Karishma — Na!
With the Karishma case in the Supreme Court, and the film’s release held up,
the cat is out of the bag. Everyone knows it’s an old, old, flea-ridden cat.
Everyone knows also that it isn’t the only cat in the bag.
Allegedly plagiarized from Barbara Bradford’s A Woman of Substance,
is in the true line of succession of mainstream pseudo-Hindi cinema. As the
Bombay Times very correctly puts it, “Many Hindi film story lines are
straightforward (sic) copies of Hollywood originals” — Mere Yaar Ki Shadi
from My Best Friend’s Wedding, Kaante from Reservoir Dogs,
Raaz from What Lies Beneath and so on all the way back to the post-war era.
When the studio system died, much that was good in Hindi cinema died with
it. There was a total lack of any system. Chaos ruled. Pugree, made in the
late forties, was a frame-by-frame copy of It Happened on Fifth Avenue —
to the extent of transporting a poodle in the American original to the faded
Indian carbon copy. This writer exposed this unabashed plagiarism and was
threatened with a lawsuit by the film’s producer, P.N. Arora. But, as
everyone in the filmi duniya knew, it was an empty threat.
By an irony of the distribution process, Pugree was released in Bombay prior
to It Happened on Fifth Avenue. The joke then current was that the American
film was a copy of the Indian original! Anyway, the American producer wrote
a letter of thanks for my expose explaining his helplessness, for the
copyright law then was so loose that even if he had filed a suit and won,
the Indian producer would have been fined just Rs. 100!
Recently a young baby-faced director proved to be even cattier than his
veteran copycat colleagues. He made a film that was a copy of not one, but
two American films. It was amusing to watch this young director, in a Star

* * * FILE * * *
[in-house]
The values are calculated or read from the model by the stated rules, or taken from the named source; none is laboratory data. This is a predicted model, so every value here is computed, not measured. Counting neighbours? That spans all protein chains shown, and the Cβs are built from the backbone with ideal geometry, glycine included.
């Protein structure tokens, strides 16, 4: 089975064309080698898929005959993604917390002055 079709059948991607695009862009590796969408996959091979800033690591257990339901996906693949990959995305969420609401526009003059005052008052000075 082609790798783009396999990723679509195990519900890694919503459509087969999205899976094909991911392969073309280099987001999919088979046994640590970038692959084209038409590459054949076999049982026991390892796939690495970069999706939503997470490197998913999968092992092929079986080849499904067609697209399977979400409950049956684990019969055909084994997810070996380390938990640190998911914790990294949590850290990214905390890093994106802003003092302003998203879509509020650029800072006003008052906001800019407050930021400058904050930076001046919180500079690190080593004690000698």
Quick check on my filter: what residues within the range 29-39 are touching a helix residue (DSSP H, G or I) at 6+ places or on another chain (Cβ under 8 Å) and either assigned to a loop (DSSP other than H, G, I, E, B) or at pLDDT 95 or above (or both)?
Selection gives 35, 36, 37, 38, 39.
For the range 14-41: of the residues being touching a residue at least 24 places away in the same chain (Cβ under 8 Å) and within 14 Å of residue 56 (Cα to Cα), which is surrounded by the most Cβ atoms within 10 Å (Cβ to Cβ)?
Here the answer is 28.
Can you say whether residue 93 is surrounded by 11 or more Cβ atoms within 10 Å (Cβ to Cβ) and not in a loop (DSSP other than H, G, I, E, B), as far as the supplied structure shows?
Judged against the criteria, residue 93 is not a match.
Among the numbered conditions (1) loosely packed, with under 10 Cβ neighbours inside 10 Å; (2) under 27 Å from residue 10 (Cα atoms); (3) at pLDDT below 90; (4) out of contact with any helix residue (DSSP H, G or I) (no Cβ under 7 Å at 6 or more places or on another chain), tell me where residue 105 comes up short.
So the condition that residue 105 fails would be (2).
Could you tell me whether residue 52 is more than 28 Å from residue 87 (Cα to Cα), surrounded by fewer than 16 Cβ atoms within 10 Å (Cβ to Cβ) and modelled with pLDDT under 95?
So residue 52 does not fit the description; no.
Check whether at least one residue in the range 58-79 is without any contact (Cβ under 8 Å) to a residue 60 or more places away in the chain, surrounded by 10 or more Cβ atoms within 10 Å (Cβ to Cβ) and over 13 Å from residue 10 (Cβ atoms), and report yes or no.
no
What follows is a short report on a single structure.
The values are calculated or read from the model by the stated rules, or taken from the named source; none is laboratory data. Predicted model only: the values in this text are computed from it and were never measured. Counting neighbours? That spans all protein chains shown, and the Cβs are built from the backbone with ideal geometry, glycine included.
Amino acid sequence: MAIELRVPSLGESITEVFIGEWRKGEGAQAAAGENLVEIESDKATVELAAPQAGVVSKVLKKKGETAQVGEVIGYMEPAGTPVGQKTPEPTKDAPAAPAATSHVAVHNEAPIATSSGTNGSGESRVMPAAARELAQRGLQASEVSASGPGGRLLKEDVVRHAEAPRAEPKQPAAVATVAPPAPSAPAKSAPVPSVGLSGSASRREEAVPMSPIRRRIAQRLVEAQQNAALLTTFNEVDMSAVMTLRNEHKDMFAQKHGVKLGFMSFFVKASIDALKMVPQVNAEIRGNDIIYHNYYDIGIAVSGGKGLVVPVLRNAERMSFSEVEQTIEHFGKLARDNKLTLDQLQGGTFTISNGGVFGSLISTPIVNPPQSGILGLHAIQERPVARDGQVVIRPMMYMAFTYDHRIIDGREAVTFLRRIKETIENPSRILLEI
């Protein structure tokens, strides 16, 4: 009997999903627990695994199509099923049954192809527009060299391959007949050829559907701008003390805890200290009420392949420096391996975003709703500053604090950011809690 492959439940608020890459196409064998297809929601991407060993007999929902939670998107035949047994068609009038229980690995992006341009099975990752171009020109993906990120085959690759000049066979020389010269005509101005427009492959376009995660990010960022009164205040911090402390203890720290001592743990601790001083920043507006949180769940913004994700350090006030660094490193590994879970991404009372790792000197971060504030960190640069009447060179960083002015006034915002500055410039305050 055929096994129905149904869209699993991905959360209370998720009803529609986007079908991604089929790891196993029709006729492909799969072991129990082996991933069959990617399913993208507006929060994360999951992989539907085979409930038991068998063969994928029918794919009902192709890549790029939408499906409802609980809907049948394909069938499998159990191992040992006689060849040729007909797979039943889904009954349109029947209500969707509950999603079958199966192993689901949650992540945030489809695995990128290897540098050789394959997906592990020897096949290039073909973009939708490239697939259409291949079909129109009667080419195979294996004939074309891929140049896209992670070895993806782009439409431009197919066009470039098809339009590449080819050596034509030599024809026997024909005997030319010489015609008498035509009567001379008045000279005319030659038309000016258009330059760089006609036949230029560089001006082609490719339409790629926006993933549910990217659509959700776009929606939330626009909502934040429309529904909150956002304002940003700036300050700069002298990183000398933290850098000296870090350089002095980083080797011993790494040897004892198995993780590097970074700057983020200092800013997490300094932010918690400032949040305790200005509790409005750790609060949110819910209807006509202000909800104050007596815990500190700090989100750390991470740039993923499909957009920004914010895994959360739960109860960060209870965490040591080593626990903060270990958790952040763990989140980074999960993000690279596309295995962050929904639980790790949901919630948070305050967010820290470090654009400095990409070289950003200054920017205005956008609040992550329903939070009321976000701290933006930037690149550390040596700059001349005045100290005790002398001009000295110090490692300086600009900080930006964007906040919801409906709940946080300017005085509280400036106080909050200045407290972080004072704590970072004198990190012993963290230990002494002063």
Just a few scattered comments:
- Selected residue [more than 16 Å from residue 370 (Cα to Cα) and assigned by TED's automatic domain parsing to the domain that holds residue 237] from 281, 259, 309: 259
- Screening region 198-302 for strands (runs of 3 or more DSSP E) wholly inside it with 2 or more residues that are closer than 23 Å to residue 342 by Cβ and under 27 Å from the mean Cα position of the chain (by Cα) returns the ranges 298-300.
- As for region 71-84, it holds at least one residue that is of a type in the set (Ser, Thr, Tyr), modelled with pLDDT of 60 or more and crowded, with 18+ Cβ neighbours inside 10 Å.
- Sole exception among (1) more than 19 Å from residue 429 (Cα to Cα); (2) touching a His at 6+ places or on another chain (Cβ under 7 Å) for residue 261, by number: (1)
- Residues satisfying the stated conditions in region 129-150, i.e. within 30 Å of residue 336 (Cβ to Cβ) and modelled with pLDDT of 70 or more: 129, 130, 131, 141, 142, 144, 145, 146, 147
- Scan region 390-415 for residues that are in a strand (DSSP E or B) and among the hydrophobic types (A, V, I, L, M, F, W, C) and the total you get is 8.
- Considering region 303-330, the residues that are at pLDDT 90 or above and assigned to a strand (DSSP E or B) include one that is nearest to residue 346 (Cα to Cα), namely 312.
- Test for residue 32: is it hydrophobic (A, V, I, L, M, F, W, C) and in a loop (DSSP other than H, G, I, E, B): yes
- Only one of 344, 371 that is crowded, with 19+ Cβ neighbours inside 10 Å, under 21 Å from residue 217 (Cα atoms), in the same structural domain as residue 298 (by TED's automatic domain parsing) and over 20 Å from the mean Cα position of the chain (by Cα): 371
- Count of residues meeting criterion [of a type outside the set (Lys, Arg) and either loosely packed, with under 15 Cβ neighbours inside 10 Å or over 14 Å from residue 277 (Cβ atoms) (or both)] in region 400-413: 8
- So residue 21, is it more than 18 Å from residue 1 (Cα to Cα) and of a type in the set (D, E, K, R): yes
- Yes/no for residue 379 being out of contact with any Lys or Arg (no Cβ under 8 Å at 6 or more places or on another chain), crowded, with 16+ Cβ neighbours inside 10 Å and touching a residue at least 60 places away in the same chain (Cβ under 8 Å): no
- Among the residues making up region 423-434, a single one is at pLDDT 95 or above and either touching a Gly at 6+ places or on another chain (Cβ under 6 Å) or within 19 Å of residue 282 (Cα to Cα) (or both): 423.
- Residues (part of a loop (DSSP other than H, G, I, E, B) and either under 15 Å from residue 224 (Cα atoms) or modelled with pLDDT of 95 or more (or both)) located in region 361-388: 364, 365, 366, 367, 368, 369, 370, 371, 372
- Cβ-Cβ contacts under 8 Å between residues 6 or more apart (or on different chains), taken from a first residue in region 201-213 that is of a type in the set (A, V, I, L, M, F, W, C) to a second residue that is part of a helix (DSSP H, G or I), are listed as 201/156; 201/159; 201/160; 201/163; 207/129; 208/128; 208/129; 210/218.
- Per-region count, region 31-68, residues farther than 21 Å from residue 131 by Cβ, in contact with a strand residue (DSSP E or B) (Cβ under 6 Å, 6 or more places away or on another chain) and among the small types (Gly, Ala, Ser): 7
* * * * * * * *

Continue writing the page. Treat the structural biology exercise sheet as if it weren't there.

Talk interview, talk with a straight face of the travails he had undergone
“writing” his film’s story. The only travail he could possibly have
undergone was applying Indian cosmetics to an American face, sorry, two
American faces. So what if the face continues to look unIndian: we are only
The Indian film world is a make-believe world. The only problem is that the
make-believe off the screen is more effective and better accomplished than
the make-believe on it.
Bollywood’s creative base was, is and continues to be Hollywood. Mainstream
film-makers are so mesmerised by Hollywood gloss and glitter, that they
continue to ignore the rich treasure trove of true-to-life stories in Hindi
and our regional languages. The Film Finance Corporation in 1967 did try to
make up for this lapse by exploring this new avenue with surprisingly
rewarding results. But that is another story.
Our producers tend to adopt the cynical stance of Dean William R. Inge:
“What is originality? Undetected plagiarism,” or Mark Twain’s equally
cynical excuse: “Adam was the only man who, when he said a good thing, knew
that nobody had said it before him.”
No doubt borrowing story ideas and remaking them in different languages and
placing them in a variety of cultural contexts is a part of international
cinema. But as Rich Taylor of the Motion Picture Association of America puts
it, “There is a right way of going about it.”
The Supreme Court may show our film-makers the right way.